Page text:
Opening 26 Aug 2021
Director Pietro Marcello’s Martin Eden, which is loosely based on the novel of the same name by Jack London, tells the story of a poor and uneducated young Italian sailor, Martin Eden (Luca Marinelli), who through hard work, love of an upper-class woman and determination, moves his way up the social ladder to become a famous and wealthy writer. Set in the politically charged 20th century, both stories deal with the divided social classes and the clash between two political systems, capitalism and socialism, in which Eden must find out where he belongs. This class difference is well portrayed in the contrast between the luxurious and formal home of his beloved, Elena, and the simple abodes of his sister and of the widow Maria and her family, where he lives.
There are, however, notable differences in Marcello’s tale. First, Marcello “revisited” Martin Eden by transplanting the action from Oakland, California to Naples, Italy. In addition, even though both stories take place in the 20th century, London’s narrative is clearly set at the beginning of the century and in Marcello’s account it is unsure of the exact time in the last century as it jumps around from right after WWI up to the 1970s and back again, making Marcello’s version seem timeless. This timelessness Marcello achieves in part by his use of archival footage. It establishes that the time period is in the 20th century, but with his frequent inserts of historical footage throughout the film we are never sure when. In addition, even the music from Debussy and the folk singer, Teresa De Sio, gives us the feeling that we are in a notional time
A major part of what makes this film successful is the actors, especially Luca Marinelli as Martin Eden. He is simply beautiful with his brooding charisma and expressive, hypnotizing eyes. From the beginning to the end, he presents us with a powerful and true-to-life Martin Eden. Jessica Cressy, as his upper-class sweetheart, is also convincing as Elena with her prissy clothes and fine manners. However, Carmen Pommella, as Maria, the kind widow who takes Eden in and gives him a chance to continue his writing after his sister kicks him out is probably the most believable character and she brings out a gentle side in Eden.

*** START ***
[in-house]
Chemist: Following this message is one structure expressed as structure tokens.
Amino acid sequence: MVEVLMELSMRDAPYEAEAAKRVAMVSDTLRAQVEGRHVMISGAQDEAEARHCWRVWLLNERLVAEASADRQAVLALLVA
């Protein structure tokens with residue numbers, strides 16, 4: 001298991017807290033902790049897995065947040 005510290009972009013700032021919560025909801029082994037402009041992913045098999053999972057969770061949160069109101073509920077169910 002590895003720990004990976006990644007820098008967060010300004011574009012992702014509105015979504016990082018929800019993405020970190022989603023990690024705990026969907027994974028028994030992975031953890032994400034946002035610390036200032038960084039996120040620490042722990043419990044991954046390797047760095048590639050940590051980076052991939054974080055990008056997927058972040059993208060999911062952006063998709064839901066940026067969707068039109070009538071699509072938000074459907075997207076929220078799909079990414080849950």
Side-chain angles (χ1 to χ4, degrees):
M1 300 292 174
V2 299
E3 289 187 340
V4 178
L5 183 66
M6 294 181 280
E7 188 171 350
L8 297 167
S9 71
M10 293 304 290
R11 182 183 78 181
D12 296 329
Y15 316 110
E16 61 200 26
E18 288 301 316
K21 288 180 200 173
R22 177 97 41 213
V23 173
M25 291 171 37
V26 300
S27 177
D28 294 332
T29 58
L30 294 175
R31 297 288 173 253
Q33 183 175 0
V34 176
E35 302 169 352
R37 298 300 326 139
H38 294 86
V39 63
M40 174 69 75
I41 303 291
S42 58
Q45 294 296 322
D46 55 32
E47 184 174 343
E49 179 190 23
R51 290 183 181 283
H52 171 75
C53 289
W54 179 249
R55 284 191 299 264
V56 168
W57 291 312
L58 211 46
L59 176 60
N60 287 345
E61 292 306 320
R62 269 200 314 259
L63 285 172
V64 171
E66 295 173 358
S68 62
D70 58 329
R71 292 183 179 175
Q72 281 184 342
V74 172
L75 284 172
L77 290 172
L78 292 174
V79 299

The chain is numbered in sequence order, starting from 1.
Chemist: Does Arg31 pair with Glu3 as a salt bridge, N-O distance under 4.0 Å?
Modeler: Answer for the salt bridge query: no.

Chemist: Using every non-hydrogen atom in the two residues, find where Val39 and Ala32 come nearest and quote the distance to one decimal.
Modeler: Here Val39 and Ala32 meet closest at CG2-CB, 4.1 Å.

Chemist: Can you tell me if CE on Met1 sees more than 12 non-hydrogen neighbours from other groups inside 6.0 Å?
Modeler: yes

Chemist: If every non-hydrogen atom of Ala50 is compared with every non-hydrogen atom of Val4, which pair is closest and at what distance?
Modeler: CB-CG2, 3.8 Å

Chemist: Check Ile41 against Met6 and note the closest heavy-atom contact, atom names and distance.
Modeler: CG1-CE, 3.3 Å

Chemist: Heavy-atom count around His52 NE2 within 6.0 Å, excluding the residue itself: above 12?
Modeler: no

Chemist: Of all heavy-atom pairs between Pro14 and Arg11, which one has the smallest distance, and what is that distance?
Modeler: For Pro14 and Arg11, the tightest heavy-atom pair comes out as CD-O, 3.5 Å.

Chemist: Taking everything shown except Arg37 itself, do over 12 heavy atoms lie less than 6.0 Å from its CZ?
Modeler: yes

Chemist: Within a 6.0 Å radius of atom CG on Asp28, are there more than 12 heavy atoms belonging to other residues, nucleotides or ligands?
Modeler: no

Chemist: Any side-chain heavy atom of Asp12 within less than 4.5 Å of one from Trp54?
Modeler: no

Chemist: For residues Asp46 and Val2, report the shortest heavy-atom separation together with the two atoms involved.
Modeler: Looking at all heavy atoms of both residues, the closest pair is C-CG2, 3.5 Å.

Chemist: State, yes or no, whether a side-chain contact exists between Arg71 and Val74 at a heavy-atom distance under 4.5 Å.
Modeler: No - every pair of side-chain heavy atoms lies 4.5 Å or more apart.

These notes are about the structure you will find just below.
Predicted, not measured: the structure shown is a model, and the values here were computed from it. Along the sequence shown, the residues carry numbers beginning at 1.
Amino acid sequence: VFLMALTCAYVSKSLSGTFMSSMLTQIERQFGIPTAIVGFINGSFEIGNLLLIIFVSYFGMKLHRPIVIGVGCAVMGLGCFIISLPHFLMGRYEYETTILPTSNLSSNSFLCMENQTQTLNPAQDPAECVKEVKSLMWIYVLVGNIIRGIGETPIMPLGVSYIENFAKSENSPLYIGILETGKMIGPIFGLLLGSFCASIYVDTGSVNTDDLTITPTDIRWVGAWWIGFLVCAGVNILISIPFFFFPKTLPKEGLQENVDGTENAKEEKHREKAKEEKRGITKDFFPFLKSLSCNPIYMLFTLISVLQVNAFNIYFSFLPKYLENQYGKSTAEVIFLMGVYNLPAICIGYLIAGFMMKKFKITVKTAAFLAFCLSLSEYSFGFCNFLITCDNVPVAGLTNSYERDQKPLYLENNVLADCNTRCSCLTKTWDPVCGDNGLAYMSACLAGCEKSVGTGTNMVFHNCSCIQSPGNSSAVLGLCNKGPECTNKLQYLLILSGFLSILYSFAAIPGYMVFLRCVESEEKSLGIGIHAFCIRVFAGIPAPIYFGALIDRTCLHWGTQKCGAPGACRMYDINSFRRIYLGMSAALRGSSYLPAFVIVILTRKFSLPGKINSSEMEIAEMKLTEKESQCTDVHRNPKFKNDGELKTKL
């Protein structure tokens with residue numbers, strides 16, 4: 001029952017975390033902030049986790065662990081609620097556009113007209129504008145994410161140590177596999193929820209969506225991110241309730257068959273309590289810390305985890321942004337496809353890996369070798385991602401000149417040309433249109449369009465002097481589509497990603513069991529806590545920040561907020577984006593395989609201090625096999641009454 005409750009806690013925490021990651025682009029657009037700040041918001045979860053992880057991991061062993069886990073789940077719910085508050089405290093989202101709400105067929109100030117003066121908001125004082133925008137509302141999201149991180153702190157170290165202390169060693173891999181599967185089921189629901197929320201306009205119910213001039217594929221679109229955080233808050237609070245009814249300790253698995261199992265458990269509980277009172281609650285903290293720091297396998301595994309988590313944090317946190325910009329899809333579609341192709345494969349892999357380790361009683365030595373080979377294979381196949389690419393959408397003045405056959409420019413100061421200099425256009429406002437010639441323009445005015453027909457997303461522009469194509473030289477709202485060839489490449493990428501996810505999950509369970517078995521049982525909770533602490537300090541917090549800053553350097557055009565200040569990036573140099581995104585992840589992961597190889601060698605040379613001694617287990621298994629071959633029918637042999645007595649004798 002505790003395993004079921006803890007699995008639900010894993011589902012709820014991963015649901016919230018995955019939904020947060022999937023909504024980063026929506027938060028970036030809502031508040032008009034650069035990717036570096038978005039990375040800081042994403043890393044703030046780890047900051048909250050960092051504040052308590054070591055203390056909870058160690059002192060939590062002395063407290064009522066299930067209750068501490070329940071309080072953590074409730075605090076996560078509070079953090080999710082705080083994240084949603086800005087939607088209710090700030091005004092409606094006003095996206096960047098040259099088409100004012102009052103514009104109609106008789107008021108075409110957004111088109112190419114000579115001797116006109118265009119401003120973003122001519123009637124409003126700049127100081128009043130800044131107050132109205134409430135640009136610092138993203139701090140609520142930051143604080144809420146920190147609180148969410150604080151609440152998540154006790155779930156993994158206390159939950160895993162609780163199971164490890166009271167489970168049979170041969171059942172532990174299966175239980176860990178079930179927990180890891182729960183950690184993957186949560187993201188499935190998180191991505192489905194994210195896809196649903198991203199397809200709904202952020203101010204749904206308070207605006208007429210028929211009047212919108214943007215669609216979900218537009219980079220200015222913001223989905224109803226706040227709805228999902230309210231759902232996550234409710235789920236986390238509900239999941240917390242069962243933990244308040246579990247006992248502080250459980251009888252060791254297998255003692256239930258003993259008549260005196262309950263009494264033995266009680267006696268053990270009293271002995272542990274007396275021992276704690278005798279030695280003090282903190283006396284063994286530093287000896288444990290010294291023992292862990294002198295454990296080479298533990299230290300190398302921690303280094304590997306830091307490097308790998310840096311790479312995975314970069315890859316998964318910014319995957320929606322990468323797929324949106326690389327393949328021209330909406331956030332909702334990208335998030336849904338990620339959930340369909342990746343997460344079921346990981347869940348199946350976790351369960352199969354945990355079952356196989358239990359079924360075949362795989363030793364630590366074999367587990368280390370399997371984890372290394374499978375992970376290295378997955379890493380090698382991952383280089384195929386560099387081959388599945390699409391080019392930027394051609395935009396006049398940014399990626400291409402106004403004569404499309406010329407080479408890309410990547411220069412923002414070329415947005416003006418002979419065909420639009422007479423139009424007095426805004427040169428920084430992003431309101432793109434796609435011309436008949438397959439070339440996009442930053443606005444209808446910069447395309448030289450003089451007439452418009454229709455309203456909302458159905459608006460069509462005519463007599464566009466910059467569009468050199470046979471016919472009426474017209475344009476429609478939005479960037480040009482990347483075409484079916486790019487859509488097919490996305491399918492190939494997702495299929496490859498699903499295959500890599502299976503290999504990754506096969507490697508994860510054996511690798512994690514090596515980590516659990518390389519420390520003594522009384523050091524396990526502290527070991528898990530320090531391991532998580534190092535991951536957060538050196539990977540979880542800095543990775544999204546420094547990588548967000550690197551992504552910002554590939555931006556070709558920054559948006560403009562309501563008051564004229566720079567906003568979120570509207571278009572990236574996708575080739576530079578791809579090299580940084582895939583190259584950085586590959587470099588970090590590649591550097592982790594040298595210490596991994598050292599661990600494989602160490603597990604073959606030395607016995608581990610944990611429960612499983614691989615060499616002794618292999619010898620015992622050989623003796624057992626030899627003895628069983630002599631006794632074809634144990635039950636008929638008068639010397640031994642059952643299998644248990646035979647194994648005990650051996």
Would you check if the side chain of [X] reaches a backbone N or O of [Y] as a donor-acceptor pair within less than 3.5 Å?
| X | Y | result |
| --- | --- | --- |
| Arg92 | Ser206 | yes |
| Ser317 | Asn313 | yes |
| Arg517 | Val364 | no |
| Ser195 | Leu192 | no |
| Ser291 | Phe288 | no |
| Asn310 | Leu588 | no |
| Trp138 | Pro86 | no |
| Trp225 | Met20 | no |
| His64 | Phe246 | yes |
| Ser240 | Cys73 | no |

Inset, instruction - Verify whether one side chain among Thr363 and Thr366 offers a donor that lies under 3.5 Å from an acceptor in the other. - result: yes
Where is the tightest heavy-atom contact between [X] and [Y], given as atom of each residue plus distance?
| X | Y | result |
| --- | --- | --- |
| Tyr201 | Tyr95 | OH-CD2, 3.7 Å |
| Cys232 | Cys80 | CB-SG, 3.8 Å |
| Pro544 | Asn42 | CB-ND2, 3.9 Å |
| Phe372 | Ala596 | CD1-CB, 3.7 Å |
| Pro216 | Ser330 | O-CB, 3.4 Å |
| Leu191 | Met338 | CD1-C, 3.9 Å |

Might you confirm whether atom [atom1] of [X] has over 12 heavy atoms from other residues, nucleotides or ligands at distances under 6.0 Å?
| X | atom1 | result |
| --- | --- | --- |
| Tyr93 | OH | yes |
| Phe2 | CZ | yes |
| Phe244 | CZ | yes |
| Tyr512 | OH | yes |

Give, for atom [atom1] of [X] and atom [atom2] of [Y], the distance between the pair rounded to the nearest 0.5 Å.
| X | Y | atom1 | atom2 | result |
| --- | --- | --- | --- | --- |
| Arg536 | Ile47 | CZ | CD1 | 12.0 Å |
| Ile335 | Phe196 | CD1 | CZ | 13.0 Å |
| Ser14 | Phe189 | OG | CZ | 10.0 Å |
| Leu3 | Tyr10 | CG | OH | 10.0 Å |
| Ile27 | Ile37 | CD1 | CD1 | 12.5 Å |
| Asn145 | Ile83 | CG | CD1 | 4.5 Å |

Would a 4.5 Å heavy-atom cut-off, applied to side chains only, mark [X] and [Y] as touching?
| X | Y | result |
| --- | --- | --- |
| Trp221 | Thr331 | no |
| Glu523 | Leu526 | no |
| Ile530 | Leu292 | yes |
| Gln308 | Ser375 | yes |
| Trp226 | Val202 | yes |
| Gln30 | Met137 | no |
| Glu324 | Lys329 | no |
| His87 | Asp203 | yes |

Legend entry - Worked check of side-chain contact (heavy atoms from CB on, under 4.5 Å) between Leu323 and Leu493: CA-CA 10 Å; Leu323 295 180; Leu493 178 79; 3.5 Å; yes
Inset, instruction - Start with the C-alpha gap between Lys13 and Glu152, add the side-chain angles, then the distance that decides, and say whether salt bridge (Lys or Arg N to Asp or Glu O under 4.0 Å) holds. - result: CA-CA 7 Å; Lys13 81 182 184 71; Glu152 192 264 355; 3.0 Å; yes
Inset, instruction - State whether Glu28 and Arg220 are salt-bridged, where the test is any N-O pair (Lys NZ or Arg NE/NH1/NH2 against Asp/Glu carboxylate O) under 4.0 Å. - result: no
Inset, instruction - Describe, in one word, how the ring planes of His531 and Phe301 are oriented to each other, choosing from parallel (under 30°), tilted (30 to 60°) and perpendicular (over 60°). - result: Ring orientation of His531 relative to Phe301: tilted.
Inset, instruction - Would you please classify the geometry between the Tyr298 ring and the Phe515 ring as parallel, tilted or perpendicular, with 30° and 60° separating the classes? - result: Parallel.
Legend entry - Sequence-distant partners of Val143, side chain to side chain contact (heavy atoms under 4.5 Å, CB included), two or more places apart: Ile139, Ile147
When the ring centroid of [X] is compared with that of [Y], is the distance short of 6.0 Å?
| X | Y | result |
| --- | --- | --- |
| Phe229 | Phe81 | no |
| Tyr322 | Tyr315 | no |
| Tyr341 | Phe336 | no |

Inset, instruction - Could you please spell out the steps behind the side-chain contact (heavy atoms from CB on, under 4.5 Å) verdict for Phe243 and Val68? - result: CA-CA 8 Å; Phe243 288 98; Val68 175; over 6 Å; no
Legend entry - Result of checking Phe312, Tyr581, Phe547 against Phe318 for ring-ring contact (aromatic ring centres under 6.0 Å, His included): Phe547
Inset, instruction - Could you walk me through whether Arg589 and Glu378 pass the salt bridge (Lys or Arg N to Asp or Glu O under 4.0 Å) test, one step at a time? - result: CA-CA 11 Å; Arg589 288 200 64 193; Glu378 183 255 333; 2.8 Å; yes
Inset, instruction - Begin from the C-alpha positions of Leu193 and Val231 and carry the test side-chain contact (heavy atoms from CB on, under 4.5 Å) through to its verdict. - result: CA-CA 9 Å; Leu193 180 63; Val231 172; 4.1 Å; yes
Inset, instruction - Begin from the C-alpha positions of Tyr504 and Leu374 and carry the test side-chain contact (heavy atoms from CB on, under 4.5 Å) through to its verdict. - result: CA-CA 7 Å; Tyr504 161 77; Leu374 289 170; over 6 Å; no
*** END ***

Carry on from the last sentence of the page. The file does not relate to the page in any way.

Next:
The most disturbing element in this film is definitely the pacing that seems to be non-existent towards the end. The film starts out powerful and gripping as we get to know Eden, first as a simple sailor and then after he meets Elena, as a single-minded man, self-educating himself and determined to become a writer, even after many rejections. It is also brilliant how Marcello portrays the proletarian class in the first half of the production, contrasting it with the upper class as he hip hops between Elena’s family and the family he is living with. Unfortunately, however, soon after Eden gets his first manuscript accepted for print, the film suddenly jumps to where he has become an unsympathetic, unhappy snob as an accomplished and well-known writer. He suddenly has bleached hair and is wearing aristocratic clothes with a very cynical expression on his face. I almost had the feeling that Marcello thought his film was getting too long and he had to cut it short. This is no fault of overacting on the part of the leading actor, but rather of an over-the-top writing in the screenplay (by Mauizio Braucci) and a melodramatic tendency of the director.
In spite of this flaw in the closing stages of the film, it is definitely worth “revisiting” Martin Eden in the literary form of Marcello’s newest film, even if it is just to see Luca Marinelli. (Karen Schollemann)